Science explains this well. To get from the fight or flight side of the brain to the rational and reasoning side of the brain, you must cross through the emotional brain. It is impossible to be active on both sides at once. Space allows for you to process the emotions attached to triggers and discomfort. The realisation of emotions surfaced and released, give rise to potentially moving into rationalising what needs to come next.
There are implications in ending relationships, making the decision difficult to make. However, hard or not, it is incredibly important to be able to recognise where you have been compromised, lost yourself, or in many circumstances, been treated in ways that do not align with your values. Mindfulness practices can be fruitful in supporting these processes in life.
It is frequently, only when we are in the depths of feeling the results of a relationship that has gone so completely wrong, that we see for the first time the possibility that we are in a relationship that no longer serves us at all. The stark and sudden realisation of this can evoke fear, anxiety and depression. This is certainly not the time to go it alone. Seek out counsel, whether it be that of a close friend who knows you well or some professional guidance to navigate these situations in your life.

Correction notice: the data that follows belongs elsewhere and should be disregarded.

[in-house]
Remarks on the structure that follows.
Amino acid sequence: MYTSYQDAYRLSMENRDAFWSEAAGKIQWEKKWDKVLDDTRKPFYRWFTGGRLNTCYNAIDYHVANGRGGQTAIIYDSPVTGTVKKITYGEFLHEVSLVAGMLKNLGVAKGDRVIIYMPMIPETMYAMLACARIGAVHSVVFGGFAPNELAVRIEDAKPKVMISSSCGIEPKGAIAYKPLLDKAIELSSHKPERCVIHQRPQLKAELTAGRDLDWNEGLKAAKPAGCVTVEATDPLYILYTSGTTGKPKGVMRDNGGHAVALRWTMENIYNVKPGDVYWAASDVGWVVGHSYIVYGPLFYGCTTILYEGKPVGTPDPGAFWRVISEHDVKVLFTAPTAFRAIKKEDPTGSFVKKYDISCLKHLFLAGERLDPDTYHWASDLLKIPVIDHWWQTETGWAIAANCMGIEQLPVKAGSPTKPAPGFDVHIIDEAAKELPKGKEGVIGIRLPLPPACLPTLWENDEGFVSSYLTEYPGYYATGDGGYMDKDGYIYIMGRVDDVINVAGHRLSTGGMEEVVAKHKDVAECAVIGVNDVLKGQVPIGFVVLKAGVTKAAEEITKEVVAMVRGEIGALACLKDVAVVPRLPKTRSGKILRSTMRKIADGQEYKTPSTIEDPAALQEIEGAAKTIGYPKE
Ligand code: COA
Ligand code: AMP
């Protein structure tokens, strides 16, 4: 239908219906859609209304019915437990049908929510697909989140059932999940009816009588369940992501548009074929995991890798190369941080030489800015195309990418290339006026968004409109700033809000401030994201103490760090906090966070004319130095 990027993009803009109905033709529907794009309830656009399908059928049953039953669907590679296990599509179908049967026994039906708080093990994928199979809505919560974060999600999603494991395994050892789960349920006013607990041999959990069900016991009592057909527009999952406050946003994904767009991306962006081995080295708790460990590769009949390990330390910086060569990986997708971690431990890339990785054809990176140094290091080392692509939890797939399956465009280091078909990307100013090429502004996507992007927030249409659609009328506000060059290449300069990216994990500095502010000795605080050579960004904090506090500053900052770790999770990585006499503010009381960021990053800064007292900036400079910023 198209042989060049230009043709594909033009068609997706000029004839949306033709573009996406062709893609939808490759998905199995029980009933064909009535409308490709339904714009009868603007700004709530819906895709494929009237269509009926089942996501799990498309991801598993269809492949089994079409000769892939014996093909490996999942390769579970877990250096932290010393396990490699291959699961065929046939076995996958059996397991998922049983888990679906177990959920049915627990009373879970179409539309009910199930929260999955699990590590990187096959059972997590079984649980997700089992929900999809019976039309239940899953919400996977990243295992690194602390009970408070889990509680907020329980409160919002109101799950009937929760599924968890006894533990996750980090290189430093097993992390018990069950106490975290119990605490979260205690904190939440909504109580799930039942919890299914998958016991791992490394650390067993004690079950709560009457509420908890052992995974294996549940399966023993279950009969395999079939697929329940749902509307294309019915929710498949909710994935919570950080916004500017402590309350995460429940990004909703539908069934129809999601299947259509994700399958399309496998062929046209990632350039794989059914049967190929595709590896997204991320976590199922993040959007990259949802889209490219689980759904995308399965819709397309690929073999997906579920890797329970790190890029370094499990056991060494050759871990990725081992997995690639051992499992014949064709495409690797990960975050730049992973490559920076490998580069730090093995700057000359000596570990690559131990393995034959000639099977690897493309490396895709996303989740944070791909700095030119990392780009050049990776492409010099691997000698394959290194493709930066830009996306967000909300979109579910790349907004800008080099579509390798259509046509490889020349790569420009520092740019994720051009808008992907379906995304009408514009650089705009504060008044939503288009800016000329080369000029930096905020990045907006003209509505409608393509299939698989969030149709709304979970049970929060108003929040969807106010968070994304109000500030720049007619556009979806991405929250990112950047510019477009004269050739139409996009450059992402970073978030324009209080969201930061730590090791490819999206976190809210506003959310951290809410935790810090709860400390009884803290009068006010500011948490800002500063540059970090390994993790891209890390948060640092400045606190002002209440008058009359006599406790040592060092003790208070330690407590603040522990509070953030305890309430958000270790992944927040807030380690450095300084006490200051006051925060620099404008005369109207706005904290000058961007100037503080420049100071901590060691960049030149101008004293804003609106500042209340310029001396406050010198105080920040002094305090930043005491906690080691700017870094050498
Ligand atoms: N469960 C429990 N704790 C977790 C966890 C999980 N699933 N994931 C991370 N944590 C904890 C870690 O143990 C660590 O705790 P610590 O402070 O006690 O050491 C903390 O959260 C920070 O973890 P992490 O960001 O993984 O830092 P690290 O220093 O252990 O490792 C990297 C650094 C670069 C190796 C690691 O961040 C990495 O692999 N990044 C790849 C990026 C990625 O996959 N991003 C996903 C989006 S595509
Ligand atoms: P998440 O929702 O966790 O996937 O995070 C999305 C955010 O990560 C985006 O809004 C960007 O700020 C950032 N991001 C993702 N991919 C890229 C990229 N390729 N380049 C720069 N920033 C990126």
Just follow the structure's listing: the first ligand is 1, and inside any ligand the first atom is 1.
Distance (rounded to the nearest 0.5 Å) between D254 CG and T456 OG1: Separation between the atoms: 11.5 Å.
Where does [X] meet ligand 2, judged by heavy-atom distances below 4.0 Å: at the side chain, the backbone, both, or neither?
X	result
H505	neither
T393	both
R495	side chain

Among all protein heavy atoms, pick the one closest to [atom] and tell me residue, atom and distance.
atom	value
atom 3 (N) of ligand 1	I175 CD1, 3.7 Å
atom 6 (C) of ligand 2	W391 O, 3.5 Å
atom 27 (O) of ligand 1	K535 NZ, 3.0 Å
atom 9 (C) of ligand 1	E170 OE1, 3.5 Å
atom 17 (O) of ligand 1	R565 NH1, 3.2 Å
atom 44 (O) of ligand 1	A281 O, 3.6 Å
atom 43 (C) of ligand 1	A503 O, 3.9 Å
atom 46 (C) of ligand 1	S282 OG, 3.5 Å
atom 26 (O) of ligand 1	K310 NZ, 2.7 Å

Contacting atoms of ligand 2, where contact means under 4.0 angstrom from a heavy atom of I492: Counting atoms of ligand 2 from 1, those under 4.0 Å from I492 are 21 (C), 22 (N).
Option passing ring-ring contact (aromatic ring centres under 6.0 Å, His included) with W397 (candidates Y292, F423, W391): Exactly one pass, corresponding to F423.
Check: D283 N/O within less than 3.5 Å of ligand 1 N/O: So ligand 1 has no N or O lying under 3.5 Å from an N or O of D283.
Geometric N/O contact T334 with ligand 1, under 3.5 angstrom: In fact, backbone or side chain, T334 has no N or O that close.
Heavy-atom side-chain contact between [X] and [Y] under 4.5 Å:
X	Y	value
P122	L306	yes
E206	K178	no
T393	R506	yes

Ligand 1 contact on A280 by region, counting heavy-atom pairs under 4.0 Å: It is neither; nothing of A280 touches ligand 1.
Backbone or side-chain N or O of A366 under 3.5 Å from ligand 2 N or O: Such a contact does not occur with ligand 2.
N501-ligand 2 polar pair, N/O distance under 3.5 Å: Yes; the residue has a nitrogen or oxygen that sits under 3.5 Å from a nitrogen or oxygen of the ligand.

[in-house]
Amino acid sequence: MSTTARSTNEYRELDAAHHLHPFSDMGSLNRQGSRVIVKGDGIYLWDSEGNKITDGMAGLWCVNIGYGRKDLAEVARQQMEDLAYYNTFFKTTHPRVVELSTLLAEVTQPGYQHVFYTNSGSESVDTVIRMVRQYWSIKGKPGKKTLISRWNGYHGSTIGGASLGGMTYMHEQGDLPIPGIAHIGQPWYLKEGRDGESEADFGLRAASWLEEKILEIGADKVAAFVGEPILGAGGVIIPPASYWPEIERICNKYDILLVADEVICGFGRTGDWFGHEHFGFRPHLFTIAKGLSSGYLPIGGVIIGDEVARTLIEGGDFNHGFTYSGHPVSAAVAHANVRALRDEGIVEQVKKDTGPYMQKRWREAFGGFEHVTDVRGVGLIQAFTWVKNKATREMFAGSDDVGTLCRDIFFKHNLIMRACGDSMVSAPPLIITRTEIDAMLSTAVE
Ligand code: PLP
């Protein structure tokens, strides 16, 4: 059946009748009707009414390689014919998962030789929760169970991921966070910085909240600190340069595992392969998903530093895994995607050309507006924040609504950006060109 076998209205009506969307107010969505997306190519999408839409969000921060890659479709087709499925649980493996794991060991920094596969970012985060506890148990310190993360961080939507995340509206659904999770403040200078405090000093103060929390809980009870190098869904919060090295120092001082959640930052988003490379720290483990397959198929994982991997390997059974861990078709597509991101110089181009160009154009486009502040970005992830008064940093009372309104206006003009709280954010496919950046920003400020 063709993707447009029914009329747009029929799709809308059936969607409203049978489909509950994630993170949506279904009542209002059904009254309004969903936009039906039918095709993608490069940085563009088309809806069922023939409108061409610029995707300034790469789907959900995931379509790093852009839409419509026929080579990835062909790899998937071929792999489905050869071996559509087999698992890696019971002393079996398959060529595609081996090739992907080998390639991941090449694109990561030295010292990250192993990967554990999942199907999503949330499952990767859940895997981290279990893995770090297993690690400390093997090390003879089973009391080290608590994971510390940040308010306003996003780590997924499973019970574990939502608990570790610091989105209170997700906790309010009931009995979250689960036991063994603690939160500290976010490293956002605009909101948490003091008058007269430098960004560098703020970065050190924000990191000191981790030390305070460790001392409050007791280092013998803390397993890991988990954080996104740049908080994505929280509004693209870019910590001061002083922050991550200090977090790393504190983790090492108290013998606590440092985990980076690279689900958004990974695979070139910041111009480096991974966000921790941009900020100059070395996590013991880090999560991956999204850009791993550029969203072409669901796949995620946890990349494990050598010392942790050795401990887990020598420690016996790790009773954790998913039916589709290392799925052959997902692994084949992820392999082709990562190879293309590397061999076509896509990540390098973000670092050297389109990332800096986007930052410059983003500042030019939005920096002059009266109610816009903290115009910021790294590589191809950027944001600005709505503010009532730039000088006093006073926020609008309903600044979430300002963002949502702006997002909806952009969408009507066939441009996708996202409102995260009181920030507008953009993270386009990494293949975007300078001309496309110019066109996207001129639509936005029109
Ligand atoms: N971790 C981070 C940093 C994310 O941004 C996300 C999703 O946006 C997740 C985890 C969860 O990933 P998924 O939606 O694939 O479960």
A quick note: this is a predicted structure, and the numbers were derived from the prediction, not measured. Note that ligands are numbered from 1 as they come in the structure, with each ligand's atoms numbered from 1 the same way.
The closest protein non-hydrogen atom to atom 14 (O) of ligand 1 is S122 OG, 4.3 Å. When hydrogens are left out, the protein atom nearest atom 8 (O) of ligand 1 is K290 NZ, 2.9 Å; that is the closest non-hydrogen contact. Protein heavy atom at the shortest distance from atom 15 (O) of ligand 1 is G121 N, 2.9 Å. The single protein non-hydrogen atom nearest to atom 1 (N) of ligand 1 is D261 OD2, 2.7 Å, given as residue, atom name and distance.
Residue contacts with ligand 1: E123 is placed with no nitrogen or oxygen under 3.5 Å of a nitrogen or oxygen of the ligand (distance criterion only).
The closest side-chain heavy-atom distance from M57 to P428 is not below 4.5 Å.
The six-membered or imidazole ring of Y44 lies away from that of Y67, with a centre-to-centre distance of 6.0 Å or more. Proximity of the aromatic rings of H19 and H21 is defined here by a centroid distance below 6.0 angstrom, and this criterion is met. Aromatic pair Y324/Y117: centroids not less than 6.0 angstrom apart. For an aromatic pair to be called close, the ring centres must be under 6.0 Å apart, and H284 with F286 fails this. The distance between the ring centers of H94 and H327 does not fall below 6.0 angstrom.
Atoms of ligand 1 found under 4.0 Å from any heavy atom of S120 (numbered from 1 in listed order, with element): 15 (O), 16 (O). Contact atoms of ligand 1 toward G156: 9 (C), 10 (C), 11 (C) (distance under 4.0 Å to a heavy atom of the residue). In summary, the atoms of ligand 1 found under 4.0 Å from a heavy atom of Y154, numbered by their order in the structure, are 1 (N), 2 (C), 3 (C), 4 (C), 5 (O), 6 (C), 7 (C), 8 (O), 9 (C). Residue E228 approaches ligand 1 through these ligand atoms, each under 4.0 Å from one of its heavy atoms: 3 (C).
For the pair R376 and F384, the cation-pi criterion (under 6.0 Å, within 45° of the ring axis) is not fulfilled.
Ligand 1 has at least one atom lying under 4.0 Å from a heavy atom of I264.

I can tell you from learned experience that there is no such thing as doing nothing. This is a far too common misconception, which causes us to overdo, instead of wait. Through mindfulness, I teach a common skill lost, the power of the pause. Pausing can look like nothing. However, it is incredibly powerful to invoke, especially in times of strong emotions rising when at the same time, tensions are also often high.
It is crucial to remember that there is a difference between a relationship that no longer serves you and a relationship that could be providing you with a valuable opportunity to expand. Mindfulness techniques in both self and spatial awareness can be a game-changer in your life in these crucial times when you decide whether to stay or to go.
Running from your own hidden personal ghosts will not serve you well in life. Being triggered in a relationship is not a valid reason to clear out and head for the hills. A trigger is a gift. Yes! Please read that again. A trigger is a gift. We are frequently triggered to show us a repetitive pattern of behaviour, that we could do well with both observing and understanding, to enable us to grow.
So how do we get there in the first place? How do we manage to compromise ourselves? How do we find ourselves on the edge, with feelings of confusion, and not knowing whether to run or to stay?
It is usually a slow and progressive slippery downward slope, that we frequently don't see coming because we lack the awareness to read the early warning signs. The pattern looks like a lot of small disappointments, conflicts or slight irritations that don't hit a raw nerve until they build up over time. Once you have finally become compromised enough, boom! It all goes off like New Years Eve fireworks, and every one is somehow surprised.
Would you like to know more? Would you like to learn how to know when a relationship no longer serves you? Would you like to know when the opportunity to grow is knocking?
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Redesigning your relationships starts with you. Are you ready for a better way forward?